medications, especially for diabetes, where doses may need to be
adapted. Discuss any changes in medication and relevant lifestyle
changes with your doctor. Full disclaimer
This guide is written for adults with health issues, including obesity,
that could benefit from losing weight.
We don’t recommend counting calories, which is controversial. To
learn more about the rationale for this, see our guide on restricting
1. Choose a low-carb or high
If you want to lose weight, consider starting by avoiding sugar and starch (like bread,
pasta and potatoes). This is an old idea: for 150 years or more there have been a
huge number of weight loss diets based on eating fewer carbs. What’s new is that
reviews of modern scientific studies have repeatedly shown that low carb is at least
as good, if not better, than other approaches to diet.
Obviously, it’s still possible to lose weight on any diet – just eat fewer calories than
you burn, right? The problem with this simplistic advice is that it ignores the elephant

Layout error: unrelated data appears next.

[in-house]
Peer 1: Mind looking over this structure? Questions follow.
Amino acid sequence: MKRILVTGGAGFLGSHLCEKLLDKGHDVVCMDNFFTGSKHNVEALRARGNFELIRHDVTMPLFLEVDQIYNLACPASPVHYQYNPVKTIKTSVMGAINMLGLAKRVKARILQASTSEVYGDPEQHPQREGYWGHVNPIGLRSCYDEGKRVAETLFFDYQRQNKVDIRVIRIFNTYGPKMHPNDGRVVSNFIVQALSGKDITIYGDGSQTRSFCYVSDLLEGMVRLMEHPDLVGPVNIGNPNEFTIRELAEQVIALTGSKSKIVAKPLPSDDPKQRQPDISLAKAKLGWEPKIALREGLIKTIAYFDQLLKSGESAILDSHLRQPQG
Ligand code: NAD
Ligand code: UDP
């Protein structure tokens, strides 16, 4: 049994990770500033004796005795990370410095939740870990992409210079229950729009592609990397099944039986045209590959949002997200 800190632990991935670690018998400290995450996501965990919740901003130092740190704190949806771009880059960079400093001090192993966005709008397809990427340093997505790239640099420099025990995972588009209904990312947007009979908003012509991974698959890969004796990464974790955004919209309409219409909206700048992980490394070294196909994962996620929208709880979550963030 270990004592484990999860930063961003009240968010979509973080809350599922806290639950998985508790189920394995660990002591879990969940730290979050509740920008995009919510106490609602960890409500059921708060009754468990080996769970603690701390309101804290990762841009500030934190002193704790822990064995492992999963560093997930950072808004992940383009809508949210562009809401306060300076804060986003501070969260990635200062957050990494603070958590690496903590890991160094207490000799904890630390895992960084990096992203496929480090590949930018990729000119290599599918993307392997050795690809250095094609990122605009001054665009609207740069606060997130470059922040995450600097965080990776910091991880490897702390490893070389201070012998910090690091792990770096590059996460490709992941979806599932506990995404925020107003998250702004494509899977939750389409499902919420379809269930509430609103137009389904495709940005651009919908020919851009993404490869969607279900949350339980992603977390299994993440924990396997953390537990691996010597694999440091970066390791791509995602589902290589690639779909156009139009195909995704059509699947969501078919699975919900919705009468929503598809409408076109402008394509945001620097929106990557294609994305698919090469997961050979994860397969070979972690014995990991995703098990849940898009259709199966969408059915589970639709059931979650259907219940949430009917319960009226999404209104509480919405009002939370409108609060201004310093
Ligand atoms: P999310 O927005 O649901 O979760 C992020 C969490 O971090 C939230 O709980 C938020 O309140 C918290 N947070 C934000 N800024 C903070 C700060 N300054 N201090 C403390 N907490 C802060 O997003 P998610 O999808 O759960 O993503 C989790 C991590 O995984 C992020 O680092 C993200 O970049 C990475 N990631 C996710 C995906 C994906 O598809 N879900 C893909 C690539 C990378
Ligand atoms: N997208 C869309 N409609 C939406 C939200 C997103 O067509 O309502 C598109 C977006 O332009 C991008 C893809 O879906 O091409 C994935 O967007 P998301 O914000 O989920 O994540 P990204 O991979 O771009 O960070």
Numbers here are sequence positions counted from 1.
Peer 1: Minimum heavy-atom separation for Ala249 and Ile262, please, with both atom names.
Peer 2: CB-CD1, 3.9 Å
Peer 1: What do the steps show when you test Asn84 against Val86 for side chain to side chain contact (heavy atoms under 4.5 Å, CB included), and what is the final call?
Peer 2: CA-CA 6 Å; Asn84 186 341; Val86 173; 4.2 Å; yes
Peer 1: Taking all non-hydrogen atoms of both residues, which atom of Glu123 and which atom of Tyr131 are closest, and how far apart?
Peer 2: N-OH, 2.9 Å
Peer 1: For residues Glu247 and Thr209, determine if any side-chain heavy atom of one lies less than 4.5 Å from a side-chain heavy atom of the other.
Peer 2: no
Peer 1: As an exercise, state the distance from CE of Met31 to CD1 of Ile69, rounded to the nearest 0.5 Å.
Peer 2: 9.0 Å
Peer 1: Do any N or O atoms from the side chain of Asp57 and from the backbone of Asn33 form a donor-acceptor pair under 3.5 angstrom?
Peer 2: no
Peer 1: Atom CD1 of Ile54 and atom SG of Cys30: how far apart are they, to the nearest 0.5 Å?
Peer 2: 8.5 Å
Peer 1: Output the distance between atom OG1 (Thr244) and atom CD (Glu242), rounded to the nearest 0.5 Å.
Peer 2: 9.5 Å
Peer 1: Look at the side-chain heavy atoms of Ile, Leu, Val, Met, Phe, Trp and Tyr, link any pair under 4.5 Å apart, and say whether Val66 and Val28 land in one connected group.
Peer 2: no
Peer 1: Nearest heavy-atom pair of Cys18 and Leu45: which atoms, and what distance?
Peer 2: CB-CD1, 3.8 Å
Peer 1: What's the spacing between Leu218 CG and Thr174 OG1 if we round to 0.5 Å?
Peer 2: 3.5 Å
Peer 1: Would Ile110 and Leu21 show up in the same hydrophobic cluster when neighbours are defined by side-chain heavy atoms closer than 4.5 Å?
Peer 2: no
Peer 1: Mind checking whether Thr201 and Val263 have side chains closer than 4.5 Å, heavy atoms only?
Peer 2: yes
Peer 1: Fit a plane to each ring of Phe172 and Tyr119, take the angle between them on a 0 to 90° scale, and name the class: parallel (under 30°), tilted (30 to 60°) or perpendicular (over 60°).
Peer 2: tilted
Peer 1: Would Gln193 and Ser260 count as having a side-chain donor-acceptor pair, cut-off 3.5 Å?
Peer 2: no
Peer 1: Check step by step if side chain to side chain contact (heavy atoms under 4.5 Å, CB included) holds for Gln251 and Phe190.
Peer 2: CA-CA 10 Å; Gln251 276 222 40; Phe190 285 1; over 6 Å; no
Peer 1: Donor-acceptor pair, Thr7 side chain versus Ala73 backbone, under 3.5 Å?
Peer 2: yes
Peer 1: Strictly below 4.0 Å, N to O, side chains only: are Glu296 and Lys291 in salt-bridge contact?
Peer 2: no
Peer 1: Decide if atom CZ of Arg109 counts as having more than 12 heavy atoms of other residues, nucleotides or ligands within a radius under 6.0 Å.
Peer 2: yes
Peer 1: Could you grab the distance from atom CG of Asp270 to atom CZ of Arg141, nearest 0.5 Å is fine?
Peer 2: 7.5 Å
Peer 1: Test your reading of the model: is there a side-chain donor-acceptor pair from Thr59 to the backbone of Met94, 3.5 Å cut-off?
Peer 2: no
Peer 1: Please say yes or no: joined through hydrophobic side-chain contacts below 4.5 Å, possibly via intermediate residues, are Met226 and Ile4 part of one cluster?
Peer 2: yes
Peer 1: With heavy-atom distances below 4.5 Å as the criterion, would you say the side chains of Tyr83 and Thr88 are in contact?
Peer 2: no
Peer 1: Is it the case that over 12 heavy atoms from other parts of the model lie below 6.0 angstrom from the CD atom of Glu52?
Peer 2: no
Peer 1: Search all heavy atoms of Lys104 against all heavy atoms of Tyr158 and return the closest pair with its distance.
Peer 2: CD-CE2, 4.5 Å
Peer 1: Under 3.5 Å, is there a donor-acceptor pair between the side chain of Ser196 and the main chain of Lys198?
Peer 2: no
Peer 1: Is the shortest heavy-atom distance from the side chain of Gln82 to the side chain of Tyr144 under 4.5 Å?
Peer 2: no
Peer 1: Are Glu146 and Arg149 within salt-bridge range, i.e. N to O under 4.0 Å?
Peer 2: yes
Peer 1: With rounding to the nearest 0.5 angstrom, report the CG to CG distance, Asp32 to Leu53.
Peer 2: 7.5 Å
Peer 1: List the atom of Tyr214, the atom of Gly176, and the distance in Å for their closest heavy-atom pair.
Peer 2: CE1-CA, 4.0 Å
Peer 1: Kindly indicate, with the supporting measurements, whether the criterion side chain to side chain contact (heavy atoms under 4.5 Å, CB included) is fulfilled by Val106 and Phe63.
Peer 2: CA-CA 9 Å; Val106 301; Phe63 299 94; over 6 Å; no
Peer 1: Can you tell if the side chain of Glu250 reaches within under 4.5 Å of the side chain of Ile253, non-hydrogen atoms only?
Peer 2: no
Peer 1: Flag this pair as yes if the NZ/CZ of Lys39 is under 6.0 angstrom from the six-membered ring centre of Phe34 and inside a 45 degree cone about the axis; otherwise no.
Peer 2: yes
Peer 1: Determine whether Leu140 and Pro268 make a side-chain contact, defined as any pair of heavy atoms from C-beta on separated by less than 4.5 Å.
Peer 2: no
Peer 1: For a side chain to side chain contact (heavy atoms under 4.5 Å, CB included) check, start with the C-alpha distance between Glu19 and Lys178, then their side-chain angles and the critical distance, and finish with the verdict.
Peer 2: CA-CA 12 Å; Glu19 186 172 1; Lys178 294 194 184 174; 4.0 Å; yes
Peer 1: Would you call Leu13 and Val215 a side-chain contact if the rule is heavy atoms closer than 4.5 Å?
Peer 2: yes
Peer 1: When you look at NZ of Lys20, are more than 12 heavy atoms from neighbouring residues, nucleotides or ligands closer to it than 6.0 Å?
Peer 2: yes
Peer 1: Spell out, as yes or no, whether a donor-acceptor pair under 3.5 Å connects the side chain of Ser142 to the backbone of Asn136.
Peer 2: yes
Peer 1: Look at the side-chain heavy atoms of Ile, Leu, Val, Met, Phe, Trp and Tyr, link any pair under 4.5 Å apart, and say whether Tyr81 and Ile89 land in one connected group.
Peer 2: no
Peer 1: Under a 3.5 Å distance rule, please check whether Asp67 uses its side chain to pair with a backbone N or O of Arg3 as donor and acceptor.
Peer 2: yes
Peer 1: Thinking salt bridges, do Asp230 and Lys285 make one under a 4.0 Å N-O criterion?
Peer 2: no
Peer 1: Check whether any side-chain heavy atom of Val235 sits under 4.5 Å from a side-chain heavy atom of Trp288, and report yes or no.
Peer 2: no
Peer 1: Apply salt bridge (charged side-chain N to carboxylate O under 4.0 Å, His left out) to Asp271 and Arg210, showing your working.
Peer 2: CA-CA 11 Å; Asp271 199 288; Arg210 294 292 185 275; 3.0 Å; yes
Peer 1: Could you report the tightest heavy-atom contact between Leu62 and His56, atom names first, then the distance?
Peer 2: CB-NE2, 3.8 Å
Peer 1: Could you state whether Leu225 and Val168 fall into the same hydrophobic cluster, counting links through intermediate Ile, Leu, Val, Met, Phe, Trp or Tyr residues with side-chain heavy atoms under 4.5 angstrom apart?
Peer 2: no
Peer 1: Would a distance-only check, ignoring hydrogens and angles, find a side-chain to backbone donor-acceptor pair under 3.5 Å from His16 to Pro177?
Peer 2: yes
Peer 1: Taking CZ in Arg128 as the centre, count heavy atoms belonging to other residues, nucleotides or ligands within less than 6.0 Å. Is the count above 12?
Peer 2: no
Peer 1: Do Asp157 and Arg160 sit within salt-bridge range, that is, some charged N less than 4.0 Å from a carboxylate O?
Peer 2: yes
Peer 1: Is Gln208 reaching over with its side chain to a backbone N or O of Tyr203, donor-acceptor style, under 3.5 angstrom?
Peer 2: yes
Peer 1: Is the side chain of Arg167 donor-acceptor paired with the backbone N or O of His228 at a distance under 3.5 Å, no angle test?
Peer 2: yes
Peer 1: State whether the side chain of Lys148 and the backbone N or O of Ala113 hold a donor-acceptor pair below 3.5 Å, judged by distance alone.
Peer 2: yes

in the room: hunger. Most people don’t like to “just eat less,” as it may result in
having to go hungry forever. Sooner or later, many will likely give up and eat without
restriction, hence the prevalence of “yo-yo dieting.” While it should be possible to
lose weight on any diet, some appear to make it easier and some to make it much
The main advantage of the low-carb diet is that it may cause you to want to eat less.
Even without counting calories, overweight people tend to eat fewer calories on
low carb. Thus, calories count, but you don’t need to count them.
A 2012 study also showed that people who had lost weight experienced far less
reduction in total energy expenditure (the number of calories burned within a 24-
hour period) when they followed a low-carb diet compared to a low-fat diet during
weight maintenance — a 300-calorie difference, in fact.
According to one of the Harvard professors behind the study, this advantage “would
equal the number of calories typically burned in an hour of moderate-intensity
physical activity.” Imagine that: an entire bonus hour of exercise every day, without
Recently, an even larger and more carefully conducted study confirmed this
metabolism-sparing effect, with different groups of people who had lost weight
calories for weight loss.
Controversial topics related to a low-carb diet, and our take on